You do not want to live next door to this idjit.
Police say a woman selling drugs made a big mistake that landed her in jail — she mistakenly called an Albuquerque police detective.
KOB-TV reports that 30-year-old Renea Lucero was arrested last week when she called the detective at his department-issued cell phone and made the officer an unexpected offer.
Court documents say the detective knew Lucero from a prior criminal case. But the report says he didn’t think Lucero realized who she had dialed.
The detective says Lucero pulled the heroin out of her bra during a sting.
Lucero was arrested on trafficking charges.
Differentiating between ignorant and stupid is pretty easy, this time.
Fire officials say a West Seattle man was using a lighter and a can of spray paint to kill a spider in his laundry room when the house went up in flames.
Fire crews were called to a home in the 10200 block of 34th Avenue SW just before 8:30 p.m. on Tuesday.
Firefighters originally battled the blaze from a distance after learning there may be ammunition inside. Crews were eventually able to extinguish the fire, but not before it did significant damage to the structure.
A man who lived at the home told fire officials he was trying to kill a spider in his laundry room using a can of spray paint and a lighter when the wall caught fire, according to Kyle Moore with the Seattle Fire Department. The man wasn’t able to put the fire out himself, and he left the home when it began to spread.
“I don’t want to encourage people to do this, but that’s what he did,” Moore said. “The spider tried to get into the wall. He sprayed flames on the wall, lit the wall on fire, and that extended up to the ceiling…”
“There are safer, more effective ways to kill a spider than using fire,” Moore said. “Fire is not the method to use to kill a spider.”
BTW, Kyle Moore from the Seattle Fire Department opined, “I’m pretty sure the spider did not survive this fire…”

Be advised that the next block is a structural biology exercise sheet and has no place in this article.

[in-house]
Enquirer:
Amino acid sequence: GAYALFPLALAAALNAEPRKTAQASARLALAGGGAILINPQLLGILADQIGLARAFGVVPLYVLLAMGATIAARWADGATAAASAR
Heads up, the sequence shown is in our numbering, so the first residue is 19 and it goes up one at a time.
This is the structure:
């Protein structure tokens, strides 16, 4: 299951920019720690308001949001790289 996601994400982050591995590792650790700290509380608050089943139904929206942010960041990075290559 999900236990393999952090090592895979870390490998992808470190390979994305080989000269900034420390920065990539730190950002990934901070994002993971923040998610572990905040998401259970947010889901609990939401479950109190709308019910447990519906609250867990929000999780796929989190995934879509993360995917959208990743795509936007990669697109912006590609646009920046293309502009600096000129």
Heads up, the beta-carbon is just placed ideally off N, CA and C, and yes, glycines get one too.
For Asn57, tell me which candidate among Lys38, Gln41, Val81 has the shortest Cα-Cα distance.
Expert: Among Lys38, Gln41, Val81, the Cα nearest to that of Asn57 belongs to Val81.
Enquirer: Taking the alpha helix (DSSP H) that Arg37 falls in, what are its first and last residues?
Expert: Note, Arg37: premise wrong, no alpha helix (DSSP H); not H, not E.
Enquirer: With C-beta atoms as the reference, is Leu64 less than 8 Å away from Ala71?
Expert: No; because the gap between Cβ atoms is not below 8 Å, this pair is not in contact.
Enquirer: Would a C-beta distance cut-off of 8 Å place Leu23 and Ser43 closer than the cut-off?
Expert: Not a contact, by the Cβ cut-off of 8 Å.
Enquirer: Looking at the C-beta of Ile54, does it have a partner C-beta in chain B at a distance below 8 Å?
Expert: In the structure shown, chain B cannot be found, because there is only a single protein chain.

An Illinois woman who allegedly stole a dress from a West Frankfort store was arrested after she posted a selfie of herself wearing the pilfered garment on Facebook.
Danielle Saxton allegedly swiped a leopard-print dress from Mortie’s Boutique and then posted four photos of herself wearing the ill-gotten garb just hours later. Saxton even made one of the snaps her profile picture.
People who had also seen the store post about the theft were able to connect the dots and alert police. “Not two hours and our stolen dress has shown up on Facebook,” Mortie’s posted. “Gotta love it.”
“We just had a description and a direction of travel, but when the social media aspect played into it, we were able to identify who it was. And by looking at the background of the photograph we were able to pinpoint where she was at,” said Police Chief Shawn Talluto.
When police arrived to arrest the 27-year-old suspect, she was holding the dress and other stolen clothes.
The store previously used its surveillance cameras and social media to catch three other…shoplifters.
Same as it ever was. You don’t set off on a day’s worth of stealing because you’re extra bright.
Minnesota police arrested a burglary suspect who apparently forgot to log out of Facebook after checking his profile during a break-in at a St. Paul home.
The homeowner came back to his house and found that credit cards, cash and a watch were missing. The thief had also left behind a pair of Nike tennis shoes, jeans and a belt that he apparently discarded because it had been raining outside.
He also left behind his information on James Wood’s computer.
“World’s dumbest criminal,” Wood told CBS Minnesota. “I don’t know. I started to panic, but then I noticed he had pulled up his Facebook profile.”
Wood began posting on Nicholas Wig’s profile and the 26-year-old eventually texted him. After they made a plan to meet up later to exchange items, Wood went for a walk. He then spotted Wig on the street and called police…
The two Kazakh students arrested Wednesday in the Boston Marathon bombing investigation are not accused of being part of the plot to set off the bombs, but questions have arisen about the novelty license plate on the front of the BMW they drove, which bore the words “Terrorista #1.”
Dumb hardly begins to characterize the two spoiled upper class kids here in the US as students – and helping their criminal buddy cover up the murder plot he and his brother concocted.
Fenerbahçe fans threw flares into their team’s stadium during yesterday’s Europa League second-leg tie against Belarusian champion BATE Borisov even though the game was being played behind closed doors to a previous UEFA ban.